Miami Immigration Court

The Miami Immigration Court falls under the jurisdiction of the Office of the Chief Immigration Judge, which is a component of the Executive Office for Immigration Review under the Department of Justice.

The U.S. Citizenship and Immigration Services (USCIS) and Immigration and Customs Enforcement (ICE) are part of the Department of Homeland Security (DHS) and are therefore separate from the Executive Office for Immigration Review (EOIR). For more information about those DHS offices, please see the following links:

News Media/Congressional Inquiries: News media and congressional inquiries regarding the immigration court must be directed to the EOIR Communications and Legislative Affairs Division (CLAD):

Communications and Legislative Affairs Division
5107 Leesburg Pike, Suite 1902
Falls Church, VA 22041
703-305-0289 (phone)
703-605-0365 (fax)

About the Court


One Riverview Square
333 S. Miami Avenue, Suite 700
Miami, FL 33130

Please see Google Maps for a map and directions to the immigration court.


8 a.m. - 4:30 p.m.; Filing Widow closed: 12 p.m. - 12:30 p.m.



Parking and public transit information:  

The facility has public parking adjacent to the building at cost.

Building Access and Security Screening Process:



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Immigration Judges:

Elisa M. Sukkar, Assistant Chief Immigration Judge
Scott G. Alexander Denise A. Marks Lane
Michelle C. Araneta Anthony Maingot
Thomas M. Ayze Stephen E. Mander
Javier Balasquide Lourdes Martinez-Esquivel
Charlotte D. Brown Rene Mateo
Abraham L. Burgess Marsha K. Nettles
Timothy M. Cole Lourdes Rodriguez de Jongh
Daniel J. Dowell Rico M. Sogocio
Madeline Garcia Lilliana Torreh-Bayouth
Deborah K. Goodwin Gabriel C. Videla
Dalin Holyoak Michael G. Walleisa
Michael C. Horn  

Court Administrator:

Jorge Rodriguez

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For information regarding procedures for practice before the immigration courts, please see the Immigration Court Practice Manual.

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  • Holidays and Emergencies: The immigration court is open Monday to Friday except for federal holidays. The Office of Personnel Management publishes a list of the observed dates of every federal holiday by year online at this link: OPM holidays. Additionally, the court may have to unexpectedly close due to inclement weather or another emergency. When necessary, information on immigration court closures or changes to the immigration court’s operating hours is available at the following links: (1) Twitter and (2) Facebook.
  • eRegistry: Attorneys and accredited representatives are required to register with EOIR in order to represent aliens in immigration court. More information is available at the following link: eRegistry Notice (Miami).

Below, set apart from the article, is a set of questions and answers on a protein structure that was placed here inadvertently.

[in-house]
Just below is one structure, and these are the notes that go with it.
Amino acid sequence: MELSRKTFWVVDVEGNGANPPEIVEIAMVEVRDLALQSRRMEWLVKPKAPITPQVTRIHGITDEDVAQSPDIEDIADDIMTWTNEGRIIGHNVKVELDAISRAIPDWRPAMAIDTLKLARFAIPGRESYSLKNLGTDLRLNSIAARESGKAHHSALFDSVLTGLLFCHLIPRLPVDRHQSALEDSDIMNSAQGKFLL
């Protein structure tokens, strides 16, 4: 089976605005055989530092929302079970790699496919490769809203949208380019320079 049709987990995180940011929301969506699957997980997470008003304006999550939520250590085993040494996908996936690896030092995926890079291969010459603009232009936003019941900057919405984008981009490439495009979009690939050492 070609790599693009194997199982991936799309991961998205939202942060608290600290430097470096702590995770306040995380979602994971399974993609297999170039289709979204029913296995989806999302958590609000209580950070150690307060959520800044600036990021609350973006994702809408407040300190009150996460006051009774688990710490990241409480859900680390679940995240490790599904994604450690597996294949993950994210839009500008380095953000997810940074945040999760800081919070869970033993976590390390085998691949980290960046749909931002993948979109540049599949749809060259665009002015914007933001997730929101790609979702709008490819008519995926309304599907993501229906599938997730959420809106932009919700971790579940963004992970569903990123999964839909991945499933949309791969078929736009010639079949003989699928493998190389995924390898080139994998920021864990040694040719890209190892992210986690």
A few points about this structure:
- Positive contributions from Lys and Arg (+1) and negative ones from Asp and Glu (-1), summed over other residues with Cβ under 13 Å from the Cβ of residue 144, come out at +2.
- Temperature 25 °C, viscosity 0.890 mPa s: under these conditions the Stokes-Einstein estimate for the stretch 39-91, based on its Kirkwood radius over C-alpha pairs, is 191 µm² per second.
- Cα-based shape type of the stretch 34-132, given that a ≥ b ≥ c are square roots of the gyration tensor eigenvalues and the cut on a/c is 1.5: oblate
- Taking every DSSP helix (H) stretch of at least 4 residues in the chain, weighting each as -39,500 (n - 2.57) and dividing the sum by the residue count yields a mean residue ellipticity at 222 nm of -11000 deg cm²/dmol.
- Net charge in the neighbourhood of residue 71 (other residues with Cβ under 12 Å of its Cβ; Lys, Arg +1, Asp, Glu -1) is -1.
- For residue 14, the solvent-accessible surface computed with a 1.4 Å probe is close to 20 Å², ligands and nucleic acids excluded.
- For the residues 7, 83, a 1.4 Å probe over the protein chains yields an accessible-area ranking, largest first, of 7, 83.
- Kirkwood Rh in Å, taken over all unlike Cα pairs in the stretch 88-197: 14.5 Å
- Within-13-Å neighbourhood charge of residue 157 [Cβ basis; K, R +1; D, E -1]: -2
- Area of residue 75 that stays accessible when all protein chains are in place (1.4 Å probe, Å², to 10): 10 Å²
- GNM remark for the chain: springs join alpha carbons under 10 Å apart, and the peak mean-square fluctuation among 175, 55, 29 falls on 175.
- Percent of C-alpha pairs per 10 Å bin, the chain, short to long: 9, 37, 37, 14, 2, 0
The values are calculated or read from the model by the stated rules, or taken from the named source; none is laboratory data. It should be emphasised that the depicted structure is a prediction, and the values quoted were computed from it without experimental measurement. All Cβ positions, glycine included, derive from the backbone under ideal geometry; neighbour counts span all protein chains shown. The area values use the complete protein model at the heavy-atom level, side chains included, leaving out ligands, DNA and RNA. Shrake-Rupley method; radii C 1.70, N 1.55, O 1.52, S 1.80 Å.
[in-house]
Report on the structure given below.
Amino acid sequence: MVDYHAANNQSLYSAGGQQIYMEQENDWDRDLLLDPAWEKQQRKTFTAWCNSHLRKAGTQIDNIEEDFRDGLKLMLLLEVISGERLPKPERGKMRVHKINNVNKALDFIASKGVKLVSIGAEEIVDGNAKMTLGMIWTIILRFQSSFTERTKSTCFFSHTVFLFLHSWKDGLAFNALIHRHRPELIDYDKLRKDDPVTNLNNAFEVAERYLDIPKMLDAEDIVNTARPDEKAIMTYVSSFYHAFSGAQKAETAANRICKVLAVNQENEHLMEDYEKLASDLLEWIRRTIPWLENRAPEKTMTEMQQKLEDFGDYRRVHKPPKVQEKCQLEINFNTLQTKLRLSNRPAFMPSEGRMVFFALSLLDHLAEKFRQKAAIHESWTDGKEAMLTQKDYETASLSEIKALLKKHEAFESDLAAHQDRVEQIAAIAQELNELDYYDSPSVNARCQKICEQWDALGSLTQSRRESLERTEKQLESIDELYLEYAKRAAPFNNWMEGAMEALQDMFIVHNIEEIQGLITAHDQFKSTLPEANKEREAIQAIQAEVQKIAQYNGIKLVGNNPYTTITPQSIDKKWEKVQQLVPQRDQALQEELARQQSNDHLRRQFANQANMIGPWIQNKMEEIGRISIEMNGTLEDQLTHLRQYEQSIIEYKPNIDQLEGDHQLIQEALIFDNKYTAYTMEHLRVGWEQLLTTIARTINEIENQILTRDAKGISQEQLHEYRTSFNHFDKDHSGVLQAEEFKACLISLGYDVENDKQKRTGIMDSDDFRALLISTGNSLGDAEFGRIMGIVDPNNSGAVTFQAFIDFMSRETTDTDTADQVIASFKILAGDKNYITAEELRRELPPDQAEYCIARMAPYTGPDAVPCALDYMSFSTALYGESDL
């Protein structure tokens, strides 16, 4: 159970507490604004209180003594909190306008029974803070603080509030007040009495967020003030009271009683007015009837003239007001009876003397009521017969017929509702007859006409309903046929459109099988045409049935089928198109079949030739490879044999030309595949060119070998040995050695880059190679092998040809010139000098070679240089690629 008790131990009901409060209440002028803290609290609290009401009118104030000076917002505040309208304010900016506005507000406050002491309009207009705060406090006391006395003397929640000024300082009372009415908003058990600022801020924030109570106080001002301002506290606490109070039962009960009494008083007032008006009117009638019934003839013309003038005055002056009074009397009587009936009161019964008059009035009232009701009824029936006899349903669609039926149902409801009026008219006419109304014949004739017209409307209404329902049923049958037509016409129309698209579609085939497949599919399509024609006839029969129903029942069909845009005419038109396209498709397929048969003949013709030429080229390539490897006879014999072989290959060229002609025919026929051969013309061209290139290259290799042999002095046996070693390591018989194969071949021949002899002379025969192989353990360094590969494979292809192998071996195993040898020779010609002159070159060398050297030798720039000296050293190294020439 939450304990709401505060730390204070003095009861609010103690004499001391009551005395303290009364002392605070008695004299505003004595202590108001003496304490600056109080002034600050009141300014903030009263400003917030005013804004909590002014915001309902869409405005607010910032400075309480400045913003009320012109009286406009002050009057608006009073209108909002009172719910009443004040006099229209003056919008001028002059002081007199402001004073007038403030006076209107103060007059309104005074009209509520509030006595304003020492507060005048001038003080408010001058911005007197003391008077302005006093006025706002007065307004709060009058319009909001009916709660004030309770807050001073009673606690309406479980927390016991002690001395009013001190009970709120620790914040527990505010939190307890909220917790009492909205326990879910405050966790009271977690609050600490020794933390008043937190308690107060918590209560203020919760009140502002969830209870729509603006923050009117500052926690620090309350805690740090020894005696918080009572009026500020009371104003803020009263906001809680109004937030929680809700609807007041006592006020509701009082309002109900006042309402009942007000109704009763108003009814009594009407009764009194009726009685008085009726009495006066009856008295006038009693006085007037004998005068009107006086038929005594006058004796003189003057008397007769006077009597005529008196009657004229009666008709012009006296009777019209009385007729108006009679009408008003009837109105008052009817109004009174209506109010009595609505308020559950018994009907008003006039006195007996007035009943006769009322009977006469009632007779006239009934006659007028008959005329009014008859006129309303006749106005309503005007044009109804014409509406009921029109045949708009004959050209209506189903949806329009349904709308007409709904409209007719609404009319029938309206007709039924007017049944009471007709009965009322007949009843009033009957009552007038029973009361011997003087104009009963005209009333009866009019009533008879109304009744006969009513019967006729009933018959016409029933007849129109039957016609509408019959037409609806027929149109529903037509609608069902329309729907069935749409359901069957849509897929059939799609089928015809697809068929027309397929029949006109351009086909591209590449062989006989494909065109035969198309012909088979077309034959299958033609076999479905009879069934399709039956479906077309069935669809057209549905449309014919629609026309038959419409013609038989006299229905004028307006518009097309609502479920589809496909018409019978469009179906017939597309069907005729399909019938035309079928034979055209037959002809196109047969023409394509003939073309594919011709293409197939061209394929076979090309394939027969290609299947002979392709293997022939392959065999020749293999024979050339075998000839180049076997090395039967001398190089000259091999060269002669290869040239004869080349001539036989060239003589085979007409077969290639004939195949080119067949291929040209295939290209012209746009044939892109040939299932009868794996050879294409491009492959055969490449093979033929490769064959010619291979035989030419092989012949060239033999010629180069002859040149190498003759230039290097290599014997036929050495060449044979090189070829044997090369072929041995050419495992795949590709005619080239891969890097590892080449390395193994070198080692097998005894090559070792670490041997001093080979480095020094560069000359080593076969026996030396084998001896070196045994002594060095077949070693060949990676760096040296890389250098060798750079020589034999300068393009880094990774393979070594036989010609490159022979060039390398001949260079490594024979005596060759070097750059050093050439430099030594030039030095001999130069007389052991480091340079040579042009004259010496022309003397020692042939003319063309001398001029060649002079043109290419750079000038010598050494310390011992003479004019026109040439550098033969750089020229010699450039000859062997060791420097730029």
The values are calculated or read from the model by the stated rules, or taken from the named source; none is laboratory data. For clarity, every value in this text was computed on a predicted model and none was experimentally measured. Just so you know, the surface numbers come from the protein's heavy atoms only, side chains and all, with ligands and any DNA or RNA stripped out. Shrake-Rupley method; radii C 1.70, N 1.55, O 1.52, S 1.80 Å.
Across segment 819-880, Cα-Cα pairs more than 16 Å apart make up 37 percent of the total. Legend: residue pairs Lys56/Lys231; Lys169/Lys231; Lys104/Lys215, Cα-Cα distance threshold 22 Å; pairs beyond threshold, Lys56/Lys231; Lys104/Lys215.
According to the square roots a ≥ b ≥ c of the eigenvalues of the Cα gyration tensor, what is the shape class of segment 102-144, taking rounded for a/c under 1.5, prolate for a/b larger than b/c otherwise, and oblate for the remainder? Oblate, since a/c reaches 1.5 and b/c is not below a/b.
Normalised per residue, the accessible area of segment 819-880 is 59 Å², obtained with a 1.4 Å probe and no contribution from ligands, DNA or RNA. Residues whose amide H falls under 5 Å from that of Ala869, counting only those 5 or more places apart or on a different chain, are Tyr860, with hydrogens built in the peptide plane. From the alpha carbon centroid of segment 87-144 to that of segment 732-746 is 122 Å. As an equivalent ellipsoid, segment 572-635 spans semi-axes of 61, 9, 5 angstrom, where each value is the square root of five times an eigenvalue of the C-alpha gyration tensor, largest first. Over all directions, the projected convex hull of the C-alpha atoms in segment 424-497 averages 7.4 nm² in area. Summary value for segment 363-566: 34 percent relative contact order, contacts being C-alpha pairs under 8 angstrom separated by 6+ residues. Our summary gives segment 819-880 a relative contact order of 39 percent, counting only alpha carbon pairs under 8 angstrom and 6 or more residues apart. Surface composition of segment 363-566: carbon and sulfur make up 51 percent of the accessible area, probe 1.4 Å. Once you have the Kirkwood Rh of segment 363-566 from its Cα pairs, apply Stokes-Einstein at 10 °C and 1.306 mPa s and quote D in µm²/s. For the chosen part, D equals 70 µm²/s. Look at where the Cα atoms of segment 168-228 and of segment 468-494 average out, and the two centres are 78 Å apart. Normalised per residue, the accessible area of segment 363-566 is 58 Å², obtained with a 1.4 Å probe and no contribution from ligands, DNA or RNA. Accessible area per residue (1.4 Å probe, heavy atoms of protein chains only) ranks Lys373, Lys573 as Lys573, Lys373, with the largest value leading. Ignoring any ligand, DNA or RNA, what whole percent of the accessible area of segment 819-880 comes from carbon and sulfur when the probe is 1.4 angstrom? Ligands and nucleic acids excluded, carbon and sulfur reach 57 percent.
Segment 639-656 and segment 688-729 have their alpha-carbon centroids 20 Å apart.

• Legal Self-Help Center: The EOIR, Office of Legal Access Programs has created numerous self-help materials with many helpful resources for respondents, including information on what to do if respondents have moved or missed a hearing.
  • Notarios: EOIR warns respondents about immigration fraud perpetrated by notarios who claim to provide legal assistance but are unable to represent respondents in immigration court, provide legal services, or give legal advice. For more information, please see the following documents:
  • Appeals: Immigration court decisions are first appealable to the Board of Immigration Appeals (BIA). Instructions on how to file an appeal and the Appeals Form EOIR-26, Notice of Appeal from a Decision of an Immigration Judge, are available   online in the E-26 and appeal instructions. The BIA website contains more information on the appeals process and procedure.
  • Virtual Law Library: The EOIR Virtual Law Library (VLL) contains many other legal resources and country conditions research resources as well as other reference materials.
  • Observing court: Generally, immigration court proceedings are open to the public. An overview of when immigration court hearings might be closed as well as general guidelines for behavior when observing immigration court hearings are available at the following link: Observing Immigration Court Hearings. Note, the use of electronic devices, including audio/visual recordings of hearings and taking photographs, is prohibited in immigration court.

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Updated July 8, 2019

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